The company has been expanding so rapidly that it had been considered a prime candidate to pursue an IPO by next year.
The stock of Yammer rival Jive Software has gained 65 percent since it went public six months ago, though it fell 74 cents Monday to close at $19.75.
The IPO market has gone into a deep freeze since Facebook flopped in its closely watching stock market debut last month. Instead of soaring as had been widely anticipated, Facebook shares plummeted during the first few weeks of trading. Although the stock has rallied recently, it remains 16 percent below the IPO price of $38, which had minted Facebook Inc. with a market value of $104 billion. Facebook shares dropped 99 cents, or 3 percent, Monday to close at $32.06.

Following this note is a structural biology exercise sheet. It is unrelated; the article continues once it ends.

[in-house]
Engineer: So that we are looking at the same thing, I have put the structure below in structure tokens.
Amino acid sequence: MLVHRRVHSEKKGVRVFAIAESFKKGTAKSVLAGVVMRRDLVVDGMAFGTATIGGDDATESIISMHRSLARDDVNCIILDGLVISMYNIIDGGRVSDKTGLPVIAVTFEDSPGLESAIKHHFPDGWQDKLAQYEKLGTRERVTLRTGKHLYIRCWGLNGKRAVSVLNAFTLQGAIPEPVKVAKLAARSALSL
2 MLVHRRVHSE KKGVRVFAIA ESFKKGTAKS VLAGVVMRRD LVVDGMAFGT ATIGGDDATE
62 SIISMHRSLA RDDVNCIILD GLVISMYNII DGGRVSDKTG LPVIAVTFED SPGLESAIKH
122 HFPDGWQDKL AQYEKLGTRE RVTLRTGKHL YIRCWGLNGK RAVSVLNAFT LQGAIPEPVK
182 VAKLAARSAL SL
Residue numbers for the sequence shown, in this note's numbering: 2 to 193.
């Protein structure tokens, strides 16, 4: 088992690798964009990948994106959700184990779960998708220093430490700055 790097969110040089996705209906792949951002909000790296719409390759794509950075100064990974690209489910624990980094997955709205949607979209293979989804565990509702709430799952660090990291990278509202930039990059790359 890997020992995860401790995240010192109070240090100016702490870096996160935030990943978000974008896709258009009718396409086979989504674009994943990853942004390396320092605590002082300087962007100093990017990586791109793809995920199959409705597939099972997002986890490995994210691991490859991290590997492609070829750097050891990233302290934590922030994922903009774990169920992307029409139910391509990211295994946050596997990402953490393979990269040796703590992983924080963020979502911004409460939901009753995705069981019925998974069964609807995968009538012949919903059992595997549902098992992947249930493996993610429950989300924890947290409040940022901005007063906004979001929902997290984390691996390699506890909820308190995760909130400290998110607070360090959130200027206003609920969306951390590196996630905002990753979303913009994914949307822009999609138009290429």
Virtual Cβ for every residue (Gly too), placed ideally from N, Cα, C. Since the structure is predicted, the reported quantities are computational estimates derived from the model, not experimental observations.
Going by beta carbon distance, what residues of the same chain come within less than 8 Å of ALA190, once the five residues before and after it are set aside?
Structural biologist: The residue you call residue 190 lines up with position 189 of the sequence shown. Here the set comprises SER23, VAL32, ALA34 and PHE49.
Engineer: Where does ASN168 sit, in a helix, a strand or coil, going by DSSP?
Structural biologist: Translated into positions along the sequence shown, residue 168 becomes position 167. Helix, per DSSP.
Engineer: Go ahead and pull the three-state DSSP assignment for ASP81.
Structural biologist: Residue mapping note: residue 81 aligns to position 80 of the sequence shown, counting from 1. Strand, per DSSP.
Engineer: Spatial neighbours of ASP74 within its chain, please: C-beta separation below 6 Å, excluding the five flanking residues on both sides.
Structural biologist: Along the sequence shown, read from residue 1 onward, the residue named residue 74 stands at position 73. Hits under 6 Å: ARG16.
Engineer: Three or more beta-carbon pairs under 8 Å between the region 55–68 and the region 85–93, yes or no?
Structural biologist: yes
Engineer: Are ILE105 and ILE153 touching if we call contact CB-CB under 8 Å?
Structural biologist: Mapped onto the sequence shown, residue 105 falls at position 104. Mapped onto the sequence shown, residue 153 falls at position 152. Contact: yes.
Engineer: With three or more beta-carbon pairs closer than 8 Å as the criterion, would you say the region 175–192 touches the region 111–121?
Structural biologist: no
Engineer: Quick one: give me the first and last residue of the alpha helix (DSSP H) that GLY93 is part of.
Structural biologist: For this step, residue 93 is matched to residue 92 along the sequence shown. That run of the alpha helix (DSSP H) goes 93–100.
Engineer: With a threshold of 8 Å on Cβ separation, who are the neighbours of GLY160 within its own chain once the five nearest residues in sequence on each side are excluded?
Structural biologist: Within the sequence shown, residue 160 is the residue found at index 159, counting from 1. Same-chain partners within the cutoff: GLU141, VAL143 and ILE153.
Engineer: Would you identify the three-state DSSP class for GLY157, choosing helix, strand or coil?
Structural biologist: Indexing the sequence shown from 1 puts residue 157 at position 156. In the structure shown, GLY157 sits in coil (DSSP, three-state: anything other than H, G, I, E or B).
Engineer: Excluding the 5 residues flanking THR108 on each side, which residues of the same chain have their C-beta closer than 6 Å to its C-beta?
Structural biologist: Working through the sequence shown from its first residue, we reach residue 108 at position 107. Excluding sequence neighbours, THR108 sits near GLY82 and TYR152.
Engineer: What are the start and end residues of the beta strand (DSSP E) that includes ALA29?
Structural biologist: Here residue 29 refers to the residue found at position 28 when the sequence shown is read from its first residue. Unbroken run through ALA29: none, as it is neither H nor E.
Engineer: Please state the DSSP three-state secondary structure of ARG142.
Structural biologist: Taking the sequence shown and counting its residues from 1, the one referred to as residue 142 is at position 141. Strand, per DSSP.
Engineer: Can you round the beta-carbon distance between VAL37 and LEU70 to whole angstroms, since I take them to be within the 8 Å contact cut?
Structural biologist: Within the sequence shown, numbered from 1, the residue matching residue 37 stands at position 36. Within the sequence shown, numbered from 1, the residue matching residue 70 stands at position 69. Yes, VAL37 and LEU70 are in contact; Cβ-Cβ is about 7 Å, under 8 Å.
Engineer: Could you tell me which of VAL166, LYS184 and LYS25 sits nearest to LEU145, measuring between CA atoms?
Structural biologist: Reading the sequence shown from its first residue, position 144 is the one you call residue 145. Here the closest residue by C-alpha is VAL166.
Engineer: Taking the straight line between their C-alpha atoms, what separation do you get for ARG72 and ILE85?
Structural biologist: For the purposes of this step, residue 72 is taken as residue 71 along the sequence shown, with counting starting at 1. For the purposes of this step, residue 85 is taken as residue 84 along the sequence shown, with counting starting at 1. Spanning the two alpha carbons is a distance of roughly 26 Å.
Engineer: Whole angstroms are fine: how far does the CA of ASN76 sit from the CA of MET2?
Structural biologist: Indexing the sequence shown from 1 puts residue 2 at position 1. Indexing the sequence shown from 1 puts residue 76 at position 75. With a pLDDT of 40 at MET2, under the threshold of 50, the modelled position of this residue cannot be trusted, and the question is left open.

Sacks said the frosty conditions in the IPO market didn't influence Yammer's decision to sell to Microsoft. The negotiations between the two companies began before Facebook's IPO, according to Saks and Ballmer.
"Our thinking was based on the fit with Microsoft and the fact that we think Microsoft is a great partner for us in expanding the service and taking it to the next level," Sacks said.
The sale will provide a hefty return for Yammer's early backers. The startup has raised about $142 million in venture capital.
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